The Prince Rupert Northern View will be sending questions out to the candidates on different topics of interest to the North Coast from different stakeholders.
This week the question focussed on fishing and come from Joy Thorkelson of the UFAWU. While all candidates had the opportunity to respond with up to 300 words by press deadline, only the following three candidates provided answers. The questions this week are as follows:
1) One of the challenges shoreworkers face is that North Coast fish is increasingly being sent offshore for processing. What regulation/legislation would you propose that your party would support to ensure that fish harvested on the north coast is fully processed on the north coast?
**Rod Taylor, Christian Heritage Party:
CHP Canada is committed to ensuring that Canada’s natural resources, including fish stocks in and around Canadian waters are harvested, processed, transported and marketed to yield the maximum benefit for Canadians. Offshore processing of Canada’s natural resources is draining economic value from Canada’s great potential and contributes to high unemployment and regional population shifts. Historically, fish processing has been significant part of the BC economy and certainly for BC’s North Coast communities. Similar trends in other resources such as timber, oil, minerals, water and agricultural commodities have weakened local economies in Canada while strengthening foreign corporations and offshore economies.Fish caught in Canadian waters should be processed locally and this should be mandated by legislation and regulation. One way to counteract the inevitable pull towards low-cost offshore processing and to keep local processors competitive and successful would be to include ownership shares and profit sharing by local fishermen and plant workers as a small but significant part of income and revenues.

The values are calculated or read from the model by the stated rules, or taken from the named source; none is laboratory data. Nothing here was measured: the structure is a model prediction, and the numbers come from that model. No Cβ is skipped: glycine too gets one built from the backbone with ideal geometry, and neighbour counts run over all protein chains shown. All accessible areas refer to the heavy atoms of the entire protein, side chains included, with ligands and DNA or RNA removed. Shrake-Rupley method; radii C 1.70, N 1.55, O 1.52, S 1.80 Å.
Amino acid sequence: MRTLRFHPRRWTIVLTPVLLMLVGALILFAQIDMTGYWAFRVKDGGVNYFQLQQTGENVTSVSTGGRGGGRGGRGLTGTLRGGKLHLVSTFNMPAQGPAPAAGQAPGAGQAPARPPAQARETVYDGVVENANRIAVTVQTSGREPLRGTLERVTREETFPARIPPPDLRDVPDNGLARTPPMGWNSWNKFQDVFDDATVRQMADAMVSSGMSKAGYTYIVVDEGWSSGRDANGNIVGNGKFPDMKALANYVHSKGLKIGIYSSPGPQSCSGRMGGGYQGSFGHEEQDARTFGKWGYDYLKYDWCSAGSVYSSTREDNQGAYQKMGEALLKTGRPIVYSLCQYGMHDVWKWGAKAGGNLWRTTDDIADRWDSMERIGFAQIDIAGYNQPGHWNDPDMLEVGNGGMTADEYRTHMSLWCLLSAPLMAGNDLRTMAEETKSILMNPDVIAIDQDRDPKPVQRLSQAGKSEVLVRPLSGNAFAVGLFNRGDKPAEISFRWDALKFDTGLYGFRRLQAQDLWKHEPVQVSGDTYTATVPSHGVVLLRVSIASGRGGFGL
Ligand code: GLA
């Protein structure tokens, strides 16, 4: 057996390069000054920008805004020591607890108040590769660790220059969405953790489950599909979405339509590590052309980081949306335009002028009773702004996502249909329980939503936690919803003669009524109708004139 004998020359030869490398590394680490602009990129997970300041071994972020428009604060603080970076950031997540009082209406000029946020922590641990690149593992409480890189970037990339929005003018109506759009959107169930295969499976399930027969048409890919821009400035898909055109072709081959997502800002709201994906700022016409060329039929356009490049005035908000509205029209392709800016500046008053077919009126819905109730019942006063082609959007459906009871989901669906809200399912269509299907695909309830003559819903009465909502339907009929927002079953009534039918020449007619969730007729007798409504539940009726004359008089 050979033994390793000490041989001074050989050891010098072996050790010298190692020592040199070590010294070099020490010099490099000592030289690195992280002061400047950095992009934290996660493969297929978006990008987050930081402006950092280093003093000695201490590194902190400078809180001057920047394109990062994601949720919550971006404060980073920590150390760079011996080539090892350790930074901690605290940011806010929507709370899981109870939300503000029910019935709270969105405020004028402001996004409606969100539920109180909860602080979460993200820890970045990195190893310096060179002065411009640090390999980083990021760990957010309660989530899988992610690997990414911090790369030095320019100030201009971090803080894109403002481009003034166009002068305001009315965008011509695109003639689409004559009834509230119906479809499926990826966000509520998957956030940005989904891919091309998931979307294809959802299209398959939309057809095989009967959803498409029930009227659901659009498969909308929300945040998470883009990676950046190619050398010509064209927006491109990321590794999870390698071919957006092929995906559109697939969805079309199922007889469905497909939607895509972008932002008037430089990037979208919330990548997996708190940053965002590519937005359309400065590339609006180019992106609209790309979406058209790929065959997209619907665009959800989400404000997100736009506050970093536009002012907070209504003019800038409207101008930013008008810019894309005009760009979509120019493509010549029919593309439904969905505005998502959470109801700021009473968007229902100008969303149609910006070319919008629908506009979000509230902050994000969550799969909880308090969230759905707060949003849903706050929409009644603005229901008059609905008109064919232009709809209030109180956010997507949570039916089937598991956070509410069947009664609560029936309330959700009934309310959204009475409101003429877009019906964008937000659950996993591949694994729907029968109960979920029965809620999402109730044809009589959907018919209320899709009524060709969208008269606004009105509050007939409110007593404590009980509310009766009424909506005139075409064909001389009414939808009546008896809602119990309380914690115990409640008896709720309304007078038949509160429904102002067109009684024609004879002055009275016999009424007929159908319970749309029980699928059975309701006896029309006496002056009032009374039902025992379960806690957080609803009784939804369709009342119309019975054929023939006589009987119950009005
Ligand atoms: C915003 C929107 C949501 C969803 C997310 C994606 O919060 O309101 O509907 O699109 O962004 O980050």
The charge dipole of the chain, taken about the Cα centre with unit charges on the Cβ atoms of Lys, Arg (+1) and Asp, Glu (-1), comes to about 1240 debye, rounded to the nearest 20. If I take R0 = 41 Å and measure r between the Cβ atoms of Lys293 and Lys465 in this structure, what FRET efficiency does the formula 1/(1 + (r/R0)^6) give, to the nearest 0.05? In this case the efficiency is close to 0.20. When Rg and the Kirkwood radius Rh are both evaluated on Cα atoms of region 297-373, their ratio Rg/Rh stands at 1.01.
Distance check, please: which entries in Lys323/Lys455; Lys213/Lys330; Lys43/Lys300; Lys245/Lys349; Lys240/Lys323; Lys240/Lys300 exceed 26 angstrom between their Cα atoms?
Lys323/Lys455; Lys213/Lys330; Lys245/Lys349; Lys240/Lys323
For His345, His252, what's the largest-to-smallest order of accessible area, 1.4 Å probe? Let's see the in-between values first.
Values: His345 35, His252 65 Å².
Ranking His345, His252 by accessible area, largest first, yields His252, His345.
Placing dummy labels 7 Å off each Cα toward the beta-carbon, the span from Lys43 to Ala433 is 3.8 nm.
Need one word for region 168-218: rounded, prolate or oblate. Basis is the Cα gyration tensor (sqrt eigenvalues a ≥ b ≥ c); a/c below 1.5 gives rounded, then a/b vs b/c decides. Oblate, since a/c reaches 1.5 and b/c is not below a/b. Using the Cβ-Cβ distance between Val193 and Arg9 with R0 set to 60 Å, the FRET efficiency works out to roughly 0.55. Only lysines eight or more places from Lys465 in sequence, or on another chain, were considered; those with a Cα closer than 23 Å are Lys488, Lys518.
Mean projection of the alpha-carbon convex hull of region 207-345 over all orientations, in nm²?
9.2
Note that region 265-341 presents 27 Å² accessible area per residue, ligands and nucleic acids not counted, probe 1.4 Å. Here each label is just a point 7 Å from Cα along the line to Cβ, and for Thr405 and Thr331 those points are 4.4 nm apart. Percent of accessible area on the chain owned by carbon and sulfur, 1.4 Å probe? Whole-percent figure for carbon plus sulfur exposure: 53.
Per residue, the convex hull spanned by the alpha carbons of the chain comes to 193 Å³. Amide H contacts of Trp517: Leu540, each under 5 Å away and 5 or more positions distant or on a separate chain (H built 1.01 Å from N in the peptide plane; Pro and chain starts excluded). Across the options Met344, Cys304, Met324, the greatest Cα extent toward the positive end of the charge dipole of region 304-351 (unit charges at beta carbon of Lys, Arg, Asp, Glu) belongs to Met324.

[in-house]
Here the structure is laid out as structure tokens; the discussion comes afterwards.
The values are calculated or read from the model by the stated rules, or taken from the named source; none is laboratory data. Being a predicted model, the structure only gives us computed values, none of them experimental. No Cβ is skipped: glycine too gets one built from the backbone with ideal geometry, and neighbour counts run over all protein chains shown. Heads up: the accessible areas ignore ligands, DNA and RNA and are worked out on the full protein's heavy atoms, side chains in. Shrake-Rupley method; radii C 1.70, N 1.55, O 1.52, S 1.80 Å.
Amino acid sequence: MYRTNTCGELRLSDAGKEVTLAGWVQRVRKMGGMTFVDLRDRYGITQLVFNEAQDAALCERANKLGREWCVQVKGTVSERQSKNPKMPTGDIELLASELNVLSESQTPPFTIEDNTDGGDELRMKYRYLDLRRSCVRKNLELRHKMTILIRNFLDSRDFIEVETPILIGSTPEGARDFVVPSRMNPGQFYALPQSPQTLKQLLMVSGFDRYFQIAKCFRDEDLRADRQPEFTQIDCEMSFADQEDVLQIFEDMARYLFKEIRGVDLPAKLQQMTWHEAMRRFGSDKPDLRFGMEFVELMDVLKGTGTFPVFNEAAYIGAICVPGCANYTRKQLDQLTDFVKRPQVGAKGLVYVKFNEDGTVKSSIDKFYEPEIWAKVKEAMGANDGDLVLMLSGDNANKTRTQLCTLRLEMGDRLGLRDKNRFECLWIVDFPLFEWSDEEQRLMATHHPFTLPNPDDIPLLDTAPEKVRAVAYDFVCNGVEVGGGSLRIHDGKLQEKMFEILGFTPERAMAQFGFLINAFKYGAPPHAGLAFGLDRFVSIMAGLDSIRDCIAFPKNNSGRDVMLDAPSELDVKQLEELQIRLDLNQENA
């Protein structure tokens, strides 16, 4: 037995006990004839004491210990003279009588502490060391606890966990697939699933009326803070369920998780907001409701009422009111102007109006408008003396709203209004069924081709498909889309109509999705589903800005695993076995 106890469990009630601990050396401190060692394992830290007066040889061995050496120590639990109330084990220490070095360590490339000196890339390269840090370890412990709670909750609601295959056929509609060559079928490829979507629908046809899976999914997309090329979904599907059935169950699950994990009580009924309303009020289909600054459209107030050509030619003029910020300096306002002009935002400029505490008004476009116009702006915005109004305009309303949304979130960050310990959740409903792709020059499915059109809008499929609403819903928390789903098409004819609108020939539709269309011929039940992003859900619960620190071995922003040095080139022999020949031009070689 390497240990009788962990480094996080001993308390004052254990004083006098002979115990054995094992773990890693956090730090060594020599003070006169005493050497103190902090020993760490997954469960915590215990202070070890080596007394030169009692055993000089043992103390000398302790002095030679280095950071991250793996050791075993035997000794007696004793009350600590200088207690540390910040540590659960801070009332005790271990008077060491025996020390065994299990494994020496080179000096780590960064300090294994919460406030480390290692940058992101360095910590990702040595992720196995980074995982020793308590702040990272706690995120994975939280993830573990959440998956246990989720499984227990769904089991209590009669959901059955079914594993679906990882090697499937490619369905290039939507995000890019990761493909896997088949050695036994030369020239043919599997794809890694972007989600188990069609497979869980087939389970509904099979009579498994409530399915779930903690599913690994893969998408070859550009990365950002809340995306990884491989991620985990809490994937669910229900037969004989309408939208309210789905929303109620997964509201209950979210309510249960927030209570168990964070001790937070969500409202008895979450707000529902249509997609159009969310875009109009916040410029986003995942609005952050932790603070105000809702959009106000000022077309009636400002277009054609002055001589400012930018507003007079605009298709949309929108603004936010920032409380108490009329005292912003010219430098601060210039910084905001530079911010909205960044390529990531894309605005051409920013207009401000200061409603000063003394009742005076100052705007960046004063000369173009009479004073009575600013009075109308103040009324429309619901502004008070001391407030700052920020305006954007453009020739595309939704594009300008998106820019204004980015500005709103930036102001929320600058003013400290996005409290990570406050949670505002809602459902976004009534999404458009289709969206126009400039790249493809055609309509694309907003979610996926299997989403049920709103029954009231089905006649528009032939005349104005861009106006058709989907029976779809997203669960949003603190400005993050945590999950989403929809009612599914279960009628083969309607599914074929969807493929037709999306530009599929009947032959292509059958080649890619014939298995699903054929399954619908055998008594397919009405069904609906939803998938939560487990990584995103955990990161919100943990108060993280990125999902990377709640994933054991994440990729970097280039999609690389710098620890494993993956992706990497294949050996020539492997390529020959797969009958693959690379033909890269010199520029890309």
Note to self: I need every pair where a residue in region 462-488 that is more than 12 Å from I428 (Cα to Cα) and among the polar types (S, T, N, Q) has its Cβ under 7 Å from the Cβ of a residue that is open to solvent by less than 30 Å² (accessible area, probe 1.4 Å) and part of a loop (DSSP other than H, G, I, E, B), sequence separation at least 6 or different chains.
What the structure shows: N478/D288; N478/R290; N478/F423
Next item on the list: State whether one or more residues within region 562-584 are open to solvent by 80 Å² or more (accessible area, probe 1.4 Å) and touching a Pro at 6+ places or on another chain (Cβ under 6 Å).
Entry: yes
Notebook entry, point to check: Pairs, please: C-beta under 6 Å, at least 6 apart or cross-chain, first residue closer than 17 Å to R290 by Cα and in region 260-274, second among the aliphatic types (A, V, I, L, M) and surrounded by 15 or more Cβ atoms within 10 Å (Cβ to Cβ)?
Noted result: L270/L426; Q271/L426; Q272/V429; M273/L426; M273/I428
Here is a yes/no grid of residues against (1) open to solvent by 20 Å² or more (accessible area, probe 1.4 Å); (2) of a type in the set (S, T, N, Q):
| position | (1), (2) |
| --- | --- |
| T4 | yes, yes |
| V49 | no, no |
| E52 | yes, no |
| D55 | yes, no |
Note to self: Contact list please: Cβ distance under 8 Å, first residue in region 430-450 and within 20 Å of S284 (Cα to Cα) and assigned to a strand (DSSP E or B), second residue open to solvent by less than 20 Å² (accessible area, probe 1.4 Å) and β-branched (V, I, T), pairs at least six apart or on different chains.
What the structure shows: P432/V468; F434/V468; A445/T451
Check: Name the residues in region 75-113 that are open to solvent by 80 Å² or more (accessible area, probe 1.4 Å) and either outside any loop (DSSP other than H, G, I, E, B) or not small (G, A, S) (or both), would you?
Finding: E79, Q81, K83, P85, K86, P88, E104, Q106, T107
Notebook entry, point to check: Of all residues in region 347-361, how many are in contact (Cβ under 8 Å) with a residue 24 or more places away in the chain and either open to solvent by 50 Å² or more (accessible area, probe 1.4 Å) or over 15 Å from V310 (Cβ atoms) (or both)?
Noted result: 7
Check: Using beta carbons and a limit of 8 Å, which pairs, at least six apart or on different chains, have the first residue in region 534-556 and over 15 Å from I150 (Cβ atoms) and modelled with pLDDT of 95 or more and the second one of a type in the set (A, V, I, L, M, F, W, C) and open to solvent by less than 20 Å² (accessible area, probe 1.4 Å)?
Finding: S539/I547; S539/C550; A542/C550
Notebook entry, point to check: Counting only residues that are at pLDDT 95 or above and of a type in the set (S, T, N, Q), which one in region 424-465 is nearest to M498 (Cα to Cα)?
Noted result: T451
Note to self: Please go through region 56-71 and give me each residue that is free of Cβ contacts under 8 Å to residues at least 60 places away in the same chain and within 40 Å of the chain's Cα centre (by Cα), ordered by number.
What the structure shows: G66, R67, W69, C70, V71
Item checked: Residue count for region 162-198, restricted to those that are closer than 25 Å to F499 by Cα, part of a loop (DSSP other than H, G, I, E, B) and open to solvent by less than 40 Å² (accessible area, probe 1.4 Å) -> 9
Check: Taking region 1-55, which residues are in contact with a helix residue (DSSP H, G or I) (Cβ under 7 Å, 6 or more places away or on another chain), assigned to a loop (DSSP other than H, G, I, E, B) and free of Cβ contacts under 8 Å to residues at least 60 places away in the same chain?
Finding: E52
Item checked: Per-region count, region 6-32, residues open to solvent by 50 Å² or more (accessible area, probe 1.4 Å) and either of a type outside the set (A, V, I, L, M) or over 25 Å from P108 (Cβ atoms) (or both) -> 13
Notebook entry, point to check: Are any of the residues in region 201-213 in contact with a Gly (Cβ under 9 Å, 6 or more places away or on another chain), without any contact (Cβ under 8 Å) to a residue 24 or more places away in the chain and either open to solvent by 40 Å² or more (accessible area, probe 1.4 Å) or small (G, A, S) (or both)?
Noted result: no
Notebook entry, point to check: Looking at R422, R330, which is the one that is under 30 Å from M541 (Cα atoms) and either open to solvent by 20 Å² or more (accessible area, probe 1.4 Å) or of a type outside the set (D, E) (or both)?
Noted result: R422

As a general principle, Green Party policy is to localise as much labour as possible. This would mean encouragement of construction of (in this case) local fish processing plants. It would be possible to design legislation such that all fish caught in Canadian waters be processed in Canadian facilities or face an export tax. I doubt that it would be easy to prevent (say) fish caught near Prince Rupert from being processed near Vancouver.
I will work with my colleagues in the Liberal Party to engage with coastal communities, First Nations, the industry, and shoreworkers in an attempt to create regulations that keep fish processing jobs in the northwest, while not unduly limiting the flexibility of industry. The Liberal Party will gauge the opinions of these key stakeholders, in order to see if community support exists for adopting such regulations as part of a larger process of creating integrated oceans management.